The banking industry is starting to hold the line on loan pricing, though the trade-off has been decelerated loan growth, according to newly available data.

The American Banker Index of Banking Activity fell to 57.9 in August from 58.5 a month earlier, marking its lowest level since harsh winter weather put a chill on readings in January and February. The latest survey had 248 respondents.

Loan pricing, which has been a challenge for banks of all sizes, seemed to reach an inflection point as the end of the third quarter neared. For the first time since December, index readings for both consumer loan pricing (50.1) and commercial loan pricing (50.7) indicated that banks showed more discipline negotiating with customers. Readings above 50 indicate a monthly improvement in lenders' leverage with borrowers.

The data corresponded with anecdotal comments by many bankers that, while loan competition remains intense, fewer lenders are willing to aggressively cut pricing. In some instances, even outliers that previously offered steep discounts to win business are starting to behave more rationally.

"What I've seen … is the pricing competition that really came up last year has settled down a little bit," Geoff Greenwade, president and chief executive of Green Bancorp in Houston, said during a Sept. 16 conference hosted by RBC Capital Markets. Thin pricing is catching up with the most ambitious lenders in the form of compressed net interest margins, forcing them to exercise more restraint, he said.

Geography also matters.

"Reasonable pricing is present" in San Francisco as economic growth provides ample lending opportunities, David Payne, chairman, president and chief executive at Westamerica Bancorp. in San Rafael, Calif., said during the same conference. Pricing is more competitive in California's Central Valley, which includes Sacramento and Fresno, though Westamerica is still committed to "proper terms and pricing," he said.

Index readings above 50 indicate monthly expansion of activity; readings below 50 point to contraction. For contrary indicators, such as the components that track loan delinquencies and loan-rejection rates, a reading above 50 is evidence of deteriorating business activity. The further from 50 a reading is, the stronger the indicated change.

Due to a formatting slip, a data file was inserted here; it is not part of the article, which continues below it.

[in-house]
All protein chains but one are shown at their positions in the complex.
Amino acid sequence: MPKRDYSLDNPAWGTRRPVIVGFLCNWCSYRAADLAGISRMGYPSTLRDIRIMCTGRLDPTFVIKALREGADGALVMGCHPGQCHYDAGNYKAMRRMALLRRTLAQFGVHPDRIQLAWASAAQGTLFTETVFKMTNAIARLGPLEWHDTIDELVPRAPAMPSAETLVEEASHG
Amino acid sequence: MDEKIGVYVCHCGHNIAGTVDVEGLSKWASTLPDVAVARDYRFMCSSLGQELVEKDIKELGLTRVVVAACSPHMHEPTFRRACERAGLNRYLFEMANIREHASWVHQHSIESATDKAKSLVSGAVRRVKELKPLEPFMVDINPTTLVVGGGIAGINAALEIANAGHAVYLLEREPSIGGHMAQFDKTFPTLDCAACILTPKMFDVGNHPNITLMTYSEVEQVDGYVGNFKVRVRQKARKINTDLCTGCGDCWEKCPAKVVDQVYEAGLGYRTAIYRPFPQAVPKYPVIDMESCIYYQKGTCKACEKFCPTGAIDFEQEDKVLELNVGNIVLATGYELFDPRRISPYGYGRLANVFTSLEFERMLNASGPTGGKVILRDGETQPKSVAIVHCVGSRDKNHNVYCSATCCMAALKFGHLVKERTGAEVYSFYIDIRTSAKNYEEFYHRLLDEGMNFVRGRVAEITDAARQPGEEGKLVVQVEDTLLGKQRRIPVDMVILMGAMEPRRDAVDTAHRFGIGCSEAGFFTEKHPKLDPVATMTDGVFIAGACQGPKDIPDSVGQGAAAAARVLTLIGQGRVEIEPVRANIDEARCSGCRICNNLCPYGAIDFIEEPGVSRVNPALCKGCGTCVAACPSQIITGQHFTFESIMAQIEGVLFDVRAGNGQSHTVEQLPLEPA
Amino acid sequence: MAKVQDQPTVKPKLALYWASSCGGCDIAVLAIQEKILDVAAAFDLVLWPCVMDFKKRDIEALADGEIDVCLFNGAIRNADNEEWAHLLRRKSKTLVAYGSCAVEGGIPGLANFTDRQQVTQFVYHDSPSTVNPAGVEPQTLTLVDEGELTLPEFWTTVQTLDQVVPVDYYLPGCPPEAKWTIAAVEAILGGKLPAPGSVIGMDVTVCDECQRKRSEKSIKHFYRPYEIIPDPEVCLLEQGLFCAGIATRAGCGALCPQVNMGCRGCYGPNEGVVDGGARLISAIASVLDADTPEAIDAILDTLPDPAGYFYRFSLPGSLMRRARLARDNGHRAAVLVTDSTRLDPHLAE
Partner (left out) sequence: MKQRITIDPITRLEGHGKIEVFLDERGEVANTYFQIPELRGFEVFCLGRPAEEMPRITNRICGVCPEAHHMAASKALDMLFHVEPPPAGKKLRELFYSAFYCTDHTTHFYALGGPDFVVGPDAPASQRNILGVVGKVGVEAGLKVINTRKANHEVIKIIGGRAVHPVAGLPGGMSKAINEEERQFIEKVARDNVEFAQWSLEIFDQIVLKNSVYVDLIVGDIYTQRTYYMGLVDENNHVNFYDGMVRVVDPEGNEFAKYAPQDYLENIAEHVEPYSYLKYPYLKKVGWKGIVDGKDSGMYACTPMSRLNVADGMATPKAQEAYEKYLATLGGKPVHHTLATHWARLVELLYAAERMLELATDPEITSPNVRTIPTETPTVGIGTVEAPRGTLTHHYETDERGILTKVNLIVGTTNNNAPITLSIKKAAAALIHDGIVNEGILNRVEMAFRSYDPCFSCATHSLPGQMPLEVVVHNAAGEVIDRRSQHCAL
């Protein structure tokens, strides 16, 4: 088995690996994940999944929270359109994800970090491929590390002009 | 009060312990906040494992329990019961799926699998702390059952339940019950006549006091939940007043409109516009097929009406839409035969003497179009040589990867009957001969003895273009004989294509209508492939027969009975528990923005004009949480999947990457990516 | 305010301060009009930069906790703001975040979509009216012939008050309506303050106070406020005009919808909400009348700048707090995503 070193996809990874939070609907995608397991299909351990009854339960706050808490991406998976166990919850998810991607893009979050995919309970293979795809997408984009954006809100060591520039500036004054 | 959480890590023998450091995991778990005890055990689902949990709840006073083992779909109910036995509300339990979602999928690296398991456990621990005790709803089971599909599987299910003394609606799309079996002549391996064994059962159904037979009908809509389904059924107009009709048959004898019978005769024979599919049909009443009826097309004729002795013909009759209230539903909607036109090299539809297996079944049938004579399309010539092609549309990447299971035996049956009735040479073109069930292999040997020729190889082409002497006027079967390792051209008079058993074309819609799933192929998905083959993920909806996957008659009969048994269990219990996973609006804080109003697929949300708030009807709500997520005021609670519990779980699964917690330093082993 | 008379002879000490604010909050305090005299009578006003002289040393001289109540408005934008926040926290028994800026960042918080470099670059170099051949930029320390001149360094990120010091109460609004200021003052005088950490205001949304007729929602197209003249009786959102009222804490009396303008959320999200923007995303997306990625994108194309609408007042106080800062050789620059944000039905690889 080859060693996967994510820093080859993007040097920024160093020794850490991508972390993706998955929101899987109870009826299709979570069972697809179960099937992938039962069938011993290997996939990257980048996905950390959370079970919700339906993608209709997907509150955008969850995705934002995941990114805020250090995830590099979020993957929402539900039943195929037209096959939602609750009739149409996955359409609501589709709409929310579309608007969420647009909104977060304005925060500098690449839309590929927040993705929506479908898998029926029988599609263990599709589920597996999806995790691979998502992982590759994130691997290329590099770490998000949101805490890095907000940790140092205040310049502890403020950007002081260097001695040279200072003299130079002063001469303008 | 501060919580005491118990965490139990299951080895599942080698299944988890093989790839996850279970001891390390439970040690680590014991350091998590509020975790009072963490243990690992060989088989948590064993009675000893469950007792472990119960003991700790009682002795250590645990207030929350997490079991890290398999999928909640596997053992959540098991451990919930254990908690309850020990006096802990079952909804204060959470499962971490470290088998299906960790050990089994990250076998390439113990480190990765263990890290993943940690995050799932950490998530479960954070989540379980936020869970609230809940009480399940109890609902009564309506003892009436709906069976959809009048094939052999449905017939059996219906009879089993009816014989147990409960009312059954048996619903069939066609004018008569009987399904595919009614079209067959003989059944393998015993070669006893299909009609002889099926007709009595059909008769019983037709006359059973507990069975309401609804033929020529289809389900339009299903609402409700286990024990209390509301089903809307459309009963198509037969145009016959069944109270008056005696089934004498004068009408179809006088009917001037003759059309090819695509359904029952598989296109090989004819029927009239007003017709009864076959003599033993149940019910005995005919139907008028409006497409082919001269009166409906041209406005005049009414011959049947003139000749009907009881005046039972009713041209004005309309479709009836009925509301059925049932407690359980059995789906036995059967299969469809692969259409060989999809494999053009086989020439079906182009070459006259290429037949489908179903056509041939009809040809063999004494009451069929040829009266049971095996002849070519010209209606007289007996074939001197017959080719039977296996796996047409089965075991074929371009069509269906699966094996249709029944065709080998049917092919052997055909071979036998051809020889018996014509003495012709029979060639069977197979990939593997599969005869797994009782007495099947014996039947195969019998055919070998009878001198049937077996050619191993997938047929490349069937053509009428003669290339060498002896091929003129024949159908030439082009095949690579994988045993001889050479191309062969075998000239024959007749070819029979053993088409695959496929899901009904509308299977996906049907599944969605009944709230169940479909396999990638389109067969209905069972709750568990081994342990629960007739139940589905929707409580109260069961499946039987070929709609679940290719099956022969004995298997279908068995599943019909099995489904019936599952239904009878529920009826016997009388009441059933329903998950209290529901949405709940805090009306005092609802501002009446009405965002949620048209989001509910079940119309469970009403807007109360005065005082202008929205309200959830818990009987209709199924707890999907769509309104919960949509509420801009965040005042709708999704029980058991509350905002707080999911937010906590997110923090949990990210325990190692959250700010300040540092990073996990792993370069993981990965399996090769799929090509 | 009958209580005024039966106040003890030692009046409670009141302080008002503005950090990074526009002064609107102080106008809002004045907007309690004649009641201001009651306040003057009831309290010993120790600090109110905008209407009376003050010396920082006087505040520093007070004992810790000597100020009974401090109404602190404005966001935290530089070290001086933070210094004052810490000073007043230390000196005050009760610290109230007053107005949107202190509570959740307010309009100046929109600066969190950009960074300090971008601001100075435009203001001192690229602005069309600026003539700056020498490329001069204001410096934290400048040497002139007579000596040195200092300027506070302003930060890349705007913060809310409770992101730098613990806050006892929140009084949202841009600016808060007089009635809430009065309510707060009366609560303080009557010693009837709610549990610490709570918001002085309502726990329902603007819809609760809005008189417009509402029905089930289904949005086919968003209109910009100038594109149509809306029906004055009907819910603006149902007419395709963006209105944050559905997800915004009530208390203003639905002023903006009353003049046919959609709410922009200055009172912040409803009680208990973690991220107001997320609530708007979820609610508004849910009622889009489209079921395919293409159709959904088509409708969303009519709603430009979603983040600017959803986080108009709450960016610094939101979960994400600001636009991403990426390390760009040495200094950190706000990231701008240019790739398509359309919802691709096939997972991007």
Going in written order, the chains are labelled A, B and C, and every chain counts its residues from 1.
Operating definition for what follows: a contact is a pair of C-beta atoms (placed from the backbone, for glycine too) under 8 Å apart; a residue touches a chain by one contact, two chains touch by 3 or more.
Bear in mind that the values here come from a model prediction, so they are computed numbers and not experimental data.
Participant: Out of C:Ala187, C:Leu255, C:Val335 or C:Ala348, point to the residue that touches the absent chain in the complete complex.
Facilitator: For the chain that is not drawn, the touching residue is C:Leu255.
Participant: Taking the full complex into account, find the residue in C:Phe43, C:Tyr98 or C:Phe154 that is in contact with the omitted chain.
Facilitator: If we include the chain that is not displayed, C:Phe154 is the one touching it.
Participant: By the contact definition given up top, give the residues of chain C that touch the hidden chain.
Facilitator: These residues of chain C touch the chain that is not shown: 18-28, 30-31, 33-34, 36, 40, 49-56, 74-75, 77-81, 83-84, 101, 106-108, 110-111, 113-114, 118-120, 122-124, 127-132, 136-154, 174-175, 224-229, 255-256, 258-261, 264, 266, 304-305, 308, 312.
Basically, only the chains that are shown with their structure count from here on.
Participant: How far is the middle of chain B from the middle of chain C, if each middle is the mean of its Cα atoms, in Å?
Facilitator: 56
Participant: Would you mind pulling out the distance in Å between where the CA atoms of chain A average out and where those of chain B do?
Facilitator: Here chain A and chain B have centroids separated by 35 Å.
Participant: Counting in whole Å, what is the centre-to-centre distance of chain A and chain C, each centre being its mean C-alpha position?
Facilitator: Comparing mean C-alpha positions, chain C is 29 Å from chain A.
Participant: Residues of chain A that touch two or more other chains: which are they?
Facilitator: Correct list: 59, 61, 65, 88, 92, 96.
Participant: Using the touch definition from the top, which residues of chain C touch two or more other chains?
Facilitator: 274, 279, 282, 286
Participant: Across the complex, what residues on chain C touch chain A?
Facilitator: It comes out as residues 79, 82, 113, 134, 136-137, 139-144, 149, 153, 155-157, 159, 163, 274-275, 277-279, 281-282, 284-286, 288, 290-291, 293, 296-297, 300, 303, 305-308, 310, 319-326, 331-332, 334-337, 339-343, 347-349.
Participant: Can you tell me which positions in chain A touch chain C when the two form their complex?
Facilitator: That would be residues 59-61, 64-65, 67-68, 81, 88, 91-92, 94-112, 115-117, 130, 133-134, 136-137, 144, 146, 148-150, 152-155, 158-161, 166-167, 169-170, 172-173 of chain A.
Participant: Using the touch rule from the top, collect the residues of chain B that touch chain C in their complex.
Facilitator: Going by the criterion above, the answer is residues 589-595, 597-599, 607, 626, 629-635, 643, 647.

As banks dig their heels in on pricing, they are also booking loans at a slower growth rate. August's reading for consumer and commercial loans outstanding fell to 67.6 from 71.5 in July. While still a strong showing, it was the lowest reading for loan balances since February.

A slowdown in commercial loan growth contributed to the overall deceleration. The reading for loan applications fell to 58.1 in August from 60.1 a month earlier, while the showing for approvals slipped to 58.8 from 60.1.

Consumer lending continued to expand at a faster rate. The reading for loan applications rose to 59.5 from 58.2 a month earlier. Approvals were stable, edging up slightly to a 62.1 reading in August.

Financial institutions are continuing to hire, though many bankers have stated that compliance jobs are the positions they are looking to fill. The reading for staffing rose to 53.3 from 52.4 a month earlier.

The IBA is a product of American Banker's monthly surveys of bank executives. The latest installment of the diffusion index was based on 320 responses.

The IBA's composite index is a simple average of readings on a range of indicators based on responses to survey questions on topics that include volume and pricing trends in commercial and consumer lending, loan balances outstanding and deposit-account activity.

Respondents are also asked to weigh in on staffing levels at their institutions, as well as business and real estate conditions in markets where they do business. Every effort is made to ensure that the breakdown of companies included in the executive panel is representative of the industry.

The values for individual components of the index are equal to the percentage of responses indicating increased activity plus half of those indicating "no change." Component scores are then averaged to arrive at a composite. When calculating the composite, contrary indicators such as delinquencies are scored inversely — the component figure is subtracted from 100.

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